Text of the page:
Corns and Callus
Calluses and corns are an abnormal thickening of the non-living outer layer of the skin called the stratum corneum. This thickening is caused when the skin is subjected to too much pressure. Corns and calluses are essentially made of the same ‘stuff’, the difference mostly being in the shape of the build up. Calluses are broad and flat – you can think of them as being a bit like standing on a 10c coin. They cause discomfort and, at worst, moderate pain. Corns have a very hard central core and a shape like a pebble. You can imagine that this will be more painful. Remember that, because they form due to pressure, they always form at the most ‘pressured’ spot. It’s a bit like sticky taping a pebble into the worst part of your foot and walking around on it day after day.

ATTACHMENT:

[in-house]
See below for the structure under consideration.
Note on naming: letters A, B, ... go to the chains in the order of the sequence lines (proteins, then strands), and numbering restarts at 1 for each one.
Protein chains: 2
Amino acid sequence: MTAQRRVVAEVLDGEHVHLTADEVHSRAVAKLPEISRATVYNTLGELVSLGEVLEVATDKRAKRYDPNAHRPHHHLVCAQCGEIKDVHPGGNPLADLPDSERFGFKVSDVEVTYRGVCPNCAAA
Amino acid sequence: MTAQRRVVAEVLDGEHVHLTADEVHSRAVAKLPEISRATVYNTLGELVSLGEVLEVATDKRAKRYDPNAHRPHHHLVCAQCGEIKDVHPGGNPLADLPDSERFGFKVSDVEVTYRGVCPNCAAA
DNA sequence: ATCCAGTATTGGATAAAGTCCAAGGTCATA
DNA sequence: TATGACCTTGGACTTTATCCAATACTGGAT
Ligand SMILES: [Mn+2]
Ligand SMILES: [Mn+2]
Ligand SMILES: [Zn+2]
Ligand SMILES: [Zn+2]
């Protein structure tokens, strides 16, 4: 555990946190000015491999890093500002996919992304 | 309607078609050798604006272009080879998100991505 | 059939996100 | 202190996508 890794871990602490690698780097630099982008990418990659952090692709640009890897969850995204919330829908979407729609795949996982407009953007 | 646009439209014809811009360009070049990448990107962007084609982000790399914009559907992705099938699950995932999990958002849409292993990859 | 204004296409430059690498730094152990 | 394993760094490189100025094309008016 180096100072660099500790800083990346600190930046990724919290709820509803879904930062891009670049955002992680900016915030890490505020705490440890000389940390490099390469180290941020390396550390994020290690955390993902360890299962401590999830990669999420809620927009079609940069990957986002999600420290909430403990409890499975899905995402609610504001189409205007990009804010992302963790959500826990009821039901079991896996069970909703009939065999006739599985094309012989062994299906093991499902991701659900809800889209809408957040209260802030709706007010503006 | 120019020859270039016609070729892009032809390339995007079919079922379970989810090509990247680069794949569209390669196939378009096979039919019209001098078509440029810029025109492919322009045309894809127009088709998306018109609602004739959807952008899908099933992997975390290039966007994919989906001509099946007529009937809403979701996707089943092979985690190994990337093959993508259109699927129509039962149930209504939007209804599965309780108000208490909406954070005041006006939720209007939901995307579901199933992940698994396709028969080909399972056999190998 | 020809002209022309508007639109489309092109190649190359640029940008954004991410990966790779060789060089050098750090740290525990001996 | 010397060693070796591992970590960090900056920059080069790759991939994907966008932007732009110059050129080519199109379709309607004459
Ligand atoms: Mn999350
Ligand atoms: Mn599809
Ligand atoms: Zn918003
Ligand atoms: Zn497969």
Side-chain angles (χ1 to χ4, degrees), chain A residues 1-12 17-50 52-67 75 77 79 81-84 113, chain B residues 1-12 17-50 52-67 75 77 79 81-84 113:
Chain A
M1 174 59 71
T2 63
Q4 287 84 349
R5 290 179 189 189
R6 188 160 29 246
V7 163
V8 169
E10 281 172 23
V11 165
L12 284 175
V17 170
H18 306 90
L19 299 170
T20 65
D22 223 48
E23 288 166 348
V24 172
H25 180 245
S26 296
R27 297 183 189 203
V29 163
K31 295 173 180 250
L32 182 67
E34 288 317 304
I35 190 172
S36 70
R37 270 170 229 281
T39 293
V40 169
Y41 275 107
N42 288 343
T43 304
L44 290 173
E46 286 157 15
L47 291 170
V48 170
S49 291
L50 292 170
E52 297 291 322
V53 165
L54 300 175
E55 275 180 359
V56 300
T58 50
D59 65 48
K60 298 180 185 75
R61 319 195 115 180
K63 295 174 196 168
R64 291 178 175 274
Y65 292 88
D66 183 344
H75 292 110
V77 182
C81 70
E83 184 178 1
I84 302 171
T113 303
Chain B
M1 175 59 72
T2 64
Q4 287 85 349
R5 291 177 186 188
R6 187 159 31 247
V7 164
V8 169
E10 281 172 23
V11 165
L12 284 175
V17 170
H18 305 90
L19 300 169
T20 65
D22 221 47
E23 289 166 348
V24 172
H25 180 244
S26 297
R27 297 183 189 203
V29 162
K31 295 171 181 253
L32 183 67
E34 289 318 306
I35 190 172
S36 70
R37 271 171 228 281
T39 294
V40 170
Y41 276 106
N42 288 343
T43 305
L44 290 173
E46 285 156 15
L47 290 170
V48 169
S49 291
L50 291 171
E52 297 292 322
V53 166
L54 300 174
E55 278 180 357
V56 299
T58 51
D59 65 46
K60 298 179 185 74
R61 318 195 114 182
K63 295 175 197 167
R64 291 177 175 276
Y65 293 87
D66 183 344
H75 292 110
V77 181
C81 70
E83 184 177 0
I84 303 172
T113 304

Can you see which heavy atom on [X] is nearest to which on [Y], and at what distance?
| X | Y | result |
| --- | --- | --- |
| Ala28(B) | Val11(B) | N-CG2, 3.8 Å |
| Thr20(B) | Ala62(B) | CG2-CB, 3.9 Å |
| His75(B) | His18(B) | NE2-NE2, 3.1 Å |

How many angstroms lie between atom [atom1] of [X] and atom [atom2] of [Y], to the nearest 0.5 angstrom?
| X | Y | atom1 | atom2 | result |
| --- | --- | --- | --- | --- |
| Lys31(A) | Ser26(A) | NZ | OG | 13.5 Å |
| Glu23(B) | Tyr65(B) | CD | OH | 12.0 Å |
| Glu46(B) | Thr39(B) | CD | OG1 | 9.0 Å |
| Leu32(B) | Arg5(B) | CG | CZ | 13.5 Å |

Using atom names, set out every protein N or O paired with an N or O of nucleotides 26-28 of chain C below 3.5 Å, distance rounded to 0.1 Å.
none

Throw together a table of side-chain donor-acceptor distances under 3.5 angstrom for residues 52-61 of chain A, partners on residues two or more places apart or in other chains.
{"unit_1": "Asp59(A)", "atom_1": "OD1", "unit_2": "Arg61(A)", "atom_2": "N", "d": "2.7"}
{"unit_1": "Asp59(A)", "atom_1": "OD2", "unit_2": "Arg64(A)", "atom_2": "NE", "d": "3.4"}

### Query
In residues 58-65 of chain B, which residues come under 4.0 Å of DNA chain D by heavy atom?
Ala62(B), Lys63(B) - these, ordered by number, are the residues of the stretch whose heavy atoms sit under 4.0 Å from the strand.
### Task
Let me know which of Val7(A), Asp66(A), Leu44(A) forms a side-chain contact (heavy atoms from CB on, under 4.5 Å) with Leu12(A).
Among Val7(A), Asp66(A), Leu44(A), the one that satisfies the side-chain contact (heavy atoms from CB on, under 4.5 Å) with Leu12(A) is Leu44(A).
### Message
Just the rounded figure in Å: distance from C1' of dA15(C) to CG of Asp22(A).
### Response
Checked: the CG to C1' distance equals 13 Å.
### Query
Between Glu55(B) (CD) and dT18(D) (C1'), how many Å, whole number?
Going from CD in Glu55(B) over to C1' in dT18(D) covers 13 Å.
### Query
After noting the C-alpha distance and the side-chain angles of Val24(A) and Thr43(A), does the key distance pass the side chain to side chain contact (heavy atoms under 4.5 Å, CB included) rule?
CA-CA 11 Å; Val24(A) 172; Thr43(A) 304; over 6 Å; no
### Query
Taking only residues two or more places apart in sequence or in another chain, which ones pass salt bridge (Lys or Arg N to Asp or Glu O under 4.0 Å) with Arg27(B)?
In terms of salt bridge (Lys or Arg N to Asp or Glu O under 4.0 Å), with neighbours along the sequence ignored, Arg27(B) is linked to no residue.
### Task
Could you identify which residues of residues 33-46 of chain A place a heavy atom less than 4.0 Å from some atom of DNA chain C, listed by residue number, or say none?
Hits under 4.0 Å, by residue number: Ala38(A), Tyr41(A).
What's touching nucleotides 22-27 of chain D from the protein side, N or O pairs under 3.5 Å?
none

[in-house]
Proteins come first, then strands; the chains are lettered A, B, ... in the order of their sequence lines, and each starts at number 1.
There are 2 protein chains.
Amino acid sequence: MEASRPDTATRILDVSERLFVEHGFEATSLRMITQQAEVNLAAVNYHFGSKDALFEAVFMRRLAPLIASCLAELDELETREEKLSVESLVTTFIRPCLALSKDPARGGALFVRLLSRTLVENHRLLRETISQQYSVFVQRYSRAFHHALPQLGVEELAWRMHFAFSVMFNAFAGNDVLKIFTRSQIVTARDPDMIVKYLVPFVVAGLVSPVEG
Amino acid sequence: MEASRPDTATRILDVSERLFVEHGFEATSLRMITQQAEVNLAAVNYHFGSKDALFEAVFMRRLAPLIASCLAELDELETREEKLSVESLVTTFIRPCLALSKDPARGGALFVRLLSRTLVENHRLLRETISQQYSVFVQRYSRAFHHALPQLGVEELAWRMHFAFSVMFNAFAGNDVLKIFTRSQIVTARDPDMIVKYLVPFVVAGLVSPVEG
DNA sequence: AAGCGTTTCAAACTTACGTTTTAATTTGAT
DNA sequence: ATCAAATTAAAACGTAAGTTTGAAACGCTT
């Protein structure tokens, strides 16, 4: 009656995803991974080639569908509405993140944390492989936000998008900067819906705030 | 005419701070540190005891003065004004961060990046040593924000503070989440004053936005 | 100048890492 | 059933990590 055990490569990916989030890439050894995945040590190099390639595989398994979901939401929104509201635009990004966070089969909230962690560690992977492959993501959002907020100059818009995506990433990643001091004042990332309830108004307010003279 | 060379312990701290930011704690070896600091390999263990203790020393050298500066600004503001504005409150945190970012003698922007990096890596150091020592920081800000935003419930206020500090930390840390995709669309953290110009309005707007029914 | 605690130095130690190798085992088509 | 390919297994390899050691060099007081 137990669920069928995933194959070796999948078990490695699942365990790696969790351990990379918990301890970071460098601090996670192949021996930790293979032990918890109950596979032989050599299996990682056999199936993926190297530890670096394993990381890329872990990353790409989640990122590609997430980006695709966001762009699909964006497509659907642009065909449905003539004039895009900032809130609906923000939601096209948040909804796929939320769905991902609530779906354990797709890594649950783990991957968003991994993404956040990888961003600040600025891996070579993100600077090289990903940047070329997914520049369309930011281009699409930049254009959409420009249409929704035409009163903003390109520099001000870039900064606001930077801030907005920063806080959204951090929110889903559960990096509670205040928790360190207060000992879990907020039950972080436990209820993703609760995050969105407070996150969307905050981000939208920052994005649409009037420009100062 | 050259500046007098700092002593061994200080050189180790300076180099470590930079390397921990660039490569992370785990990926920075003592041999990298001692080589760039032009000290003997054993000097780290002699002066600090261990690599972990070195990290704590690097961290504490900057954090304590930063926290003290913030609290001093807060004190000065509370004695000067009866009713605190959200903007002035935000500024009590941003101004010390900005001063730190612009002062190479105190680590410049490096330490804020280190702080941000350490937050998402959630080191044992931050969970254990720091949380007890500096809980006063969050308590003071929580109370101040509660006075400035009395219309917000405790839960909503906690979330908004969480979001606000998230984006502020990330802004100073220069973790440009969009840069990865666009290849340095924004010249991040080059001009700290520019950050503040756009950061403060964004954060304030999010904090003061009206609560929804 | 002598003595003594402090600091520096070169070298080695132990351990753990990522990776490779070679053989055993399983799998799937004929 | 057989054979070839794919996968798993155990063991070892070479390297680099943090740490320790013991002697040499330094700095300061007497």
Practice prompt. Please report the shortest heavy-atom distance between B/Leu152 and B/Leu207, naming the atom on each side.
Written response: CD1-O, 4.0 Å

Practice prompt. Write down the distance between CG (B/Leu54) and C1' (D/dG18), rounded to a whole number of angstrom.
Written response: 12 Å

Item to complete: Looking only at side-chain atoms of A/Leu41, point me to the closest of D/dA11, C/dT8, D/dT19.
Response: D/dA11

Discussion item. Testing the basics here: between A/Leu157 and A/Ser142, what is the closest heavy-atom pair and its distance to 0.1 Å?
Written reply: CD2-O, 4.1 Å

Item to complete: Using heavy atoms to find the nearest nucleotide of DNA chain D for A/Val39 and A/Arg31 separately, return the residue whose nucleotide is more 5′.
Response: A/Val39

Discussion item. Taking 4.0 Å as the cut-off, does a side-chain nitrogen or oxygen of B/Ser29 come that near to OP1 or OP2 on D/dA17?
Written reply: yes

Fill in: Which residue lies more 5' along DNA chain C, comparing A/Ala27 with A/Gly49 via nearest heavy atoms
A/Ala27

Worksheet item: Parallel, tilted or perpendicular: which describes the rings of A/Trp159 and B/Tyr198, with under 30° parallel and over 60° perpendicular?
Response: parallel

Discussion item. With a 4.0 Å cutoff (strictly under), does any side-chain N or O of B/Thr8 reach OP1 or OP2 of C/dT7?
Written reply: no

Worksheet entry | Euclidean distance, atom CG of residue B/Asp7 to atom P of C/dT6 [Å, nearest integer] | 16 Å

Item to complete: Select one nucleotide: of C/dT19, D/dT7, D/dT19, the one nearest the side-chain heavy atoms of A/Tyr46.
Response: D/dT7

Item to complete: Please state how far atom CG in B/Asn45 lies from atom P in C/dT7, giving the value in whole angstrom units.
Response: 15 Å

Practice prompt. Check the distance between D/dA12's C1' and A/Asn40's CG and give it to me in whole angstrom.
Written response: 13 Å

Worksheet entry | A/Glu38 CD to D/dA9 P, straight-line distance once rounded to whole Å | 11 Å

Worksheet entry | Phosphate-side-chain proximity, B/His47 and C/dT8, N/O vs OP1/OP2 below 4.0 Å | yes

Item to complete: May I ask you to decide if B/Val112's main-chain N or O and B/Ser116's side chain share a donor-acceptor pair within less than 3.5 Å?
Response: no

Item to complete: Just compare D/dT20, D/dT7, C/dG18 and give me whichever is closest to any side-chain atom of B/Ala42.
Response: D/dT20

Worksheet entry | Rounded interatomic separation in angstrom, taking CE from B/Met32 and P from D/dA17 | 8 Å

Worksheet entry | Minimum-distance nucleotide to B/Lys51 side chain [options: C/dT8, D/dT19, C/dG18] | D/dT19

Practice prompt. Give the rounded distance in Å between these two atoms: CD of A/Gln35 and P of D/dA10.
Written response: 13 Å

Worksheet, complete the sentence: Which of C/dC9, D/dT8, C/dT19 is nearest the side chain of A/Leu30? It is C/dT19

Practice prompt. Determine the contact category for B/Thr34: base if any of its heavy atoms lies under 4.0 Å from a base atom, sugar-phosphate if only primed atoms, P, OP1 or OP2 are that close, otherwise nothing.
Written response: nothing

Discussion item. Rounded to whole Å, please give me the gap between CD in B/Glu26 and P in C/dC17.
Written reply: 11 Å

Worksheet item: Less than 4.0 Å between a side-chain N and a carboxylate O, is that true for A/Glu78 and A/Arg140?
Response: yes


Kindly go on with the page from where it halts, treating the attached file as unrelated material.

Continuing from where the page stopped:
Although corns cause you pain, remembering that the corn is not actually alive and doesn’t have nerves, you can appreciate that the corn itself is not in pain. The core of the corn focuses the pressure into a small area (under the pebble), pushes on the normal skin below it and it is that living skin that is in pain. The happy news is that this means that, no matter how sore your corn is, it can be removed without pain. Generally it is the work of a couple of minutes and no anaesthetic or suffering is required.
The pressure that causes the corn or callus can either be caused from external things (almost always footwear) or by some internal aspect of the foot’s structure that puts too much pressure in one place and too little in another. More information is available at our Corns and Callus info page. Click this link to return to the Podiatry FAQs Blog.